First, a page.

addiction & compulsive behavior
Posted: February 03, 2020
It’s that time of the year, when by some estimates, more than three-quarters of us have given up on our New Year’s Resolutions. Some of the most common changes we aim to make are to quit smoking, eat better and exercise more. Other goals may involve starting (or completing) an important personal project, making more of an effort to get together with friends, and perhaps vowing to set healthier limits with people who take more from us than they give.
We set these goals for ourselves because we believe that they will make us better in some way – happier, healthier, more productive, and so forth. And yet, most of us quickly get discouraged and slip back into familiar patterns that feel easier in the short term but prevent us from getting to where we really want to go.
Posted: May 15, 2019
Well, we had a strong year for producing fresh audios you’ve been asking for, and revitalizing and re-engineering some marvelous Golden Oldies – first-rate, evergreen, much-loved guided meditations by masters in the field, but recorded under outdated conditions. Check it out!
I have found the 12 step program to be a helpful adjunct to traditional psychotherapy. I was raised by alcoholic parents, though like many such children, for years I was consciously unaware that there was anything “wrong” with my home life. Life may have been stressful and tumultuous, but it was up to me to make it better. I accepted the unreasonable challenge of molding the world to my will, and any small / temporary successes I accrued were, of course, to my own great personal credit. There being little else to own, I really owned this aspect of myself. Unbeknownst to me I was building the resume of a survivor - a survivor that carried within her the very same misshapen ideals, the unrealistic expectations, and ultimately the sickness that ravaged the lives of my parents.
I have been using your CDs for over 15 years & swear by them. A friend of my daughter is 7 days sober. She is a phone person, so I would like to know if the MP3 is to be downloaded on to a phone or should I get her an MP3 player. Old school here, but I think she would really benefit listening to your new Dr. Leviton guided imagery.
I am put off by what you have to offer. Health Journey's full support of Alcoholics Anonymous is appalling. AA views people through a deficit-based lens. Proof for this statement exists on your website. It calls people who use substances as "skinless", "self-deluded", and "addicts". This kind of language hurts people who struggle with compulsive behavior. It violates some of the basic principles of our social work profession.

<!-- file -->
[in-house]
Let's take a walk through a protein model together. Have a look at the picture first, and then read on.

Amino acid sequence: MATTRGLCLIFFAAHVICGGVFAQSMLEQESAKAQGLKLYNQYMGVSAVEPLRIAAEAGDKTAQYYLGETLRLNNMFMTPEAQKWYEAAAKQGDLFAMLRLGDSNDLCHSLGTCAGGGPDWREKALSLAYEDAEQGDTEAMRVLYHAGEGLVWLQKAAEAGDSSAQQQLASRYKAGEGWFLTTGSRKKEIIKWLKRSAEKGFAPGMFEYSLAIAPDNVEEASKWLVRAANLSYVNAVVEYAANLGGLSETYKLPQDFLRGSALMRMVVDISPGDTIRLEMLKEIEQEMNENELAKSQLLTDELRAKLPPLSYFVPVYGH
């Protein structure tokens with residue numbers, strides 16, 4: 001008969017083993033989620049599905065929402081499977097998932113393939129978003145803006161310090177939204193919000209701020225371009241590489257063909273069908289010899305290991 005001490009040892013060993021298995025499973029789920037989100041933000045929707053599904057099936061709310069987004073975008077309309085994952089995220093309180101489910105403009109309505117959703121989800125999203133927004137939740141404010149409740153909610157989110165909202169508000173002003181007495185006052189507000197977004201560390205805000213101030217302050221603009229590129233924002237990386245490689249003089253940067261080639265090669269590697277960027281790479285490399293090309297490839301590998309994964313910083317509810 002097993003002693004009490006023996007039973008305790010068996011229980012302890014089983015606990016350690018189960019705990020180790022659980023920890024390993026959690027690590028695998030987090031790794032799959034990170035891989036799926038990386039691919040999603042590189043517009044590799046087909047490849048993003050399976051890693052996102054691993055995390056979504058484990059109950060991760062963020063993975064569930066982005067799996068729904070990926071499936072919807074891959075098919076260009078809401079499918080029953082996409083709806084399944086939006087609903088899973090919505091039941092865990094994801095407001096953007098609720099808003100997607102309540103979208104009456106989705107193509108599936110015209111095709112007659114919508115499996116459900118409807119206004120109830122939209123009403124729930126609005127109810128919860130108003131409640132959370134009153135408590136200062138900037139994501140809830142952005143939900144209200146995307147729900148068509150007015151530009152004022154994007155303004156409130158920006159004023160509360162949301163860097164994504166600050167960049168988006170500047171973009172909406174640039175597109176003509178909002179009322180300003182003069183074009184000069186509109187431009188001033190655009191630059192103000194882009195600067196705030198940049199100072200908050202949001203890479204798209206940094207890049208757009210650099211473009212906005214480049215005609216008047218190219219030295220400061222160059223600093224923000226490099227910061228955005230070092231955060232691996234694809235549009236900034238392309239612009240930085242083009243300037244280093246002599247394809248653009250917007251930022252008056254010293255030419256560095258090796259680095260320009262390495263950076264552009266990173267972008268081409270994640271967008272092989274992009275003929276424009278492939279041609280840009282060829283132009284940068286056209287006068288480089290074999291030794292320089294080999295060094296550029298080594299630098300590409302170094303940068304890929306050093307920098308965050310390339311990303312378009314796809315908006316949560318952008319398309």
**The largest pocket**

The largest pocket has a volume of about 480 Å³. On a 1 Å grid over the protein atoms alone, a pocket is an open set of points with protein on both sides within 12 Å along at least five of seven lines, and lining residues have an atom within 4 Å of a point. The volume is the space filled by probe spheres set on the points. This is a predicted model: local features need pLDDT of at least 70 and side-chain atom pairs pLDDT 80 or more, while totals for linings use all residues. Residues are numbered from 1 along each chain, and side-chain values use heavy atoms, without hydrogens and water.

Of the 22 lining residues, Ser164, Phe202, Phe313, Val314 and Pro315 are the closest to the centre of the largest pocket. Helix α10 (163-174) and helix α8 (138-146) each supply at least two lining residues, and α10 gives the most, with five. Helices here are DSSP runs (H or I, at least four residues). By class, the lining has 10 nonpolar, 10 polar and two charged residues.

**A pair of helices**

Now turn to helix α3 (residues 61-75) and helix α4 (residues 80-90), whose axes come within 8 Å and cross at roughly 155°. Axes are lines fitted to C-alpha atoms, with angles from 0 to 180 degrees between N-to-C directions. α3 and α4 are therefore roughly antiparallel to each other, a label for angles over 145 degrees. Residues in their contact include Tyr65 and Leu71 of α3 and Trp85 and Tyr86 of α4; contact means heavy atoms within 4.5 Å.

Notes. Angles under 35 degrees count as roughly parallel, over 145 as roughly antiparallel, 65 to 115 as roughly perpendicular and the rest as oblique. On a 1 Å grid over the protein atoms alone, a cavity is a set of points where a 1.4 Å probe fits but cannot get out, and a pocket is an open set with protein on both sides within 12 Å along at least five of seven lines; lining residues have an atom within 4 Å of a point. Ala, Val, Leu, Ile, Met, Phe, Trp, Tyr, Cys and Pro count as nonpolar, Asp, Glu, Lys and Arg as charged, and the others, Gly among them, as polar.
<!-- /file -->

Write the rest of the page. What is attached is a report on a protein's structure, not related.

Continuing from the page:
My question is about this version of 12 steps from C.L. I would like to buy but the 12 Steps seem to be very fatalistic:
#1 powerless about XYZ, #2 only help through an external power-force, #6 & #7 change my situation only through an external power-force
That is what they say and what they try to believe, as I see on my sister and on Wikipedia. I would not like to reinforce this IMO disbeliefs/limitations into my head by a well-made hypno-file.
Posted: February 01, 2019
I’m wondering if you have any programs that could help an alcoholic trying to achieve sobriety after 25 years of addiction. He is having a very difficult time.
Posted: January 26, 2019
Guided imagery got a big boost from the Recovery community and the ‘Inner Child’ movement of the ‘80s. Charles Whitfield, John Bradshaw, Melody Beattie, and Claudia Black led the way for introducing guided meditations to help people recovering from addiction, co-dependency, childhood brutality and neglect, helping listeners go within for healing and reclaiming a redeemed and transformed self.
But then, sometime in the nineties, at a NICABM Hilton Head conference, I sat in on an imagery workshop by Chuck and Patti Leviton. It presented a series of guided meditations for recovering addicts, and the imagery was designed to accompany each of the 12 steps. It blew me away.
Posted: January 11, 2018
I'm dealing with two things I want to change, and I don't have much time to spend listening to audio programs. Can you recommend guided imagery for both, and can I work on them at the same time?
Posted: May 23, 2017
My therapist told me that it might be better to restrict myself to guided meditation that doesn’t involve trying to visualize. I used to really enjoy doing visualizations, but now I am plagued by negative images, the opposite of what I’m after, and cannot see the positive any more. This frustrates and upsets me. What should I do?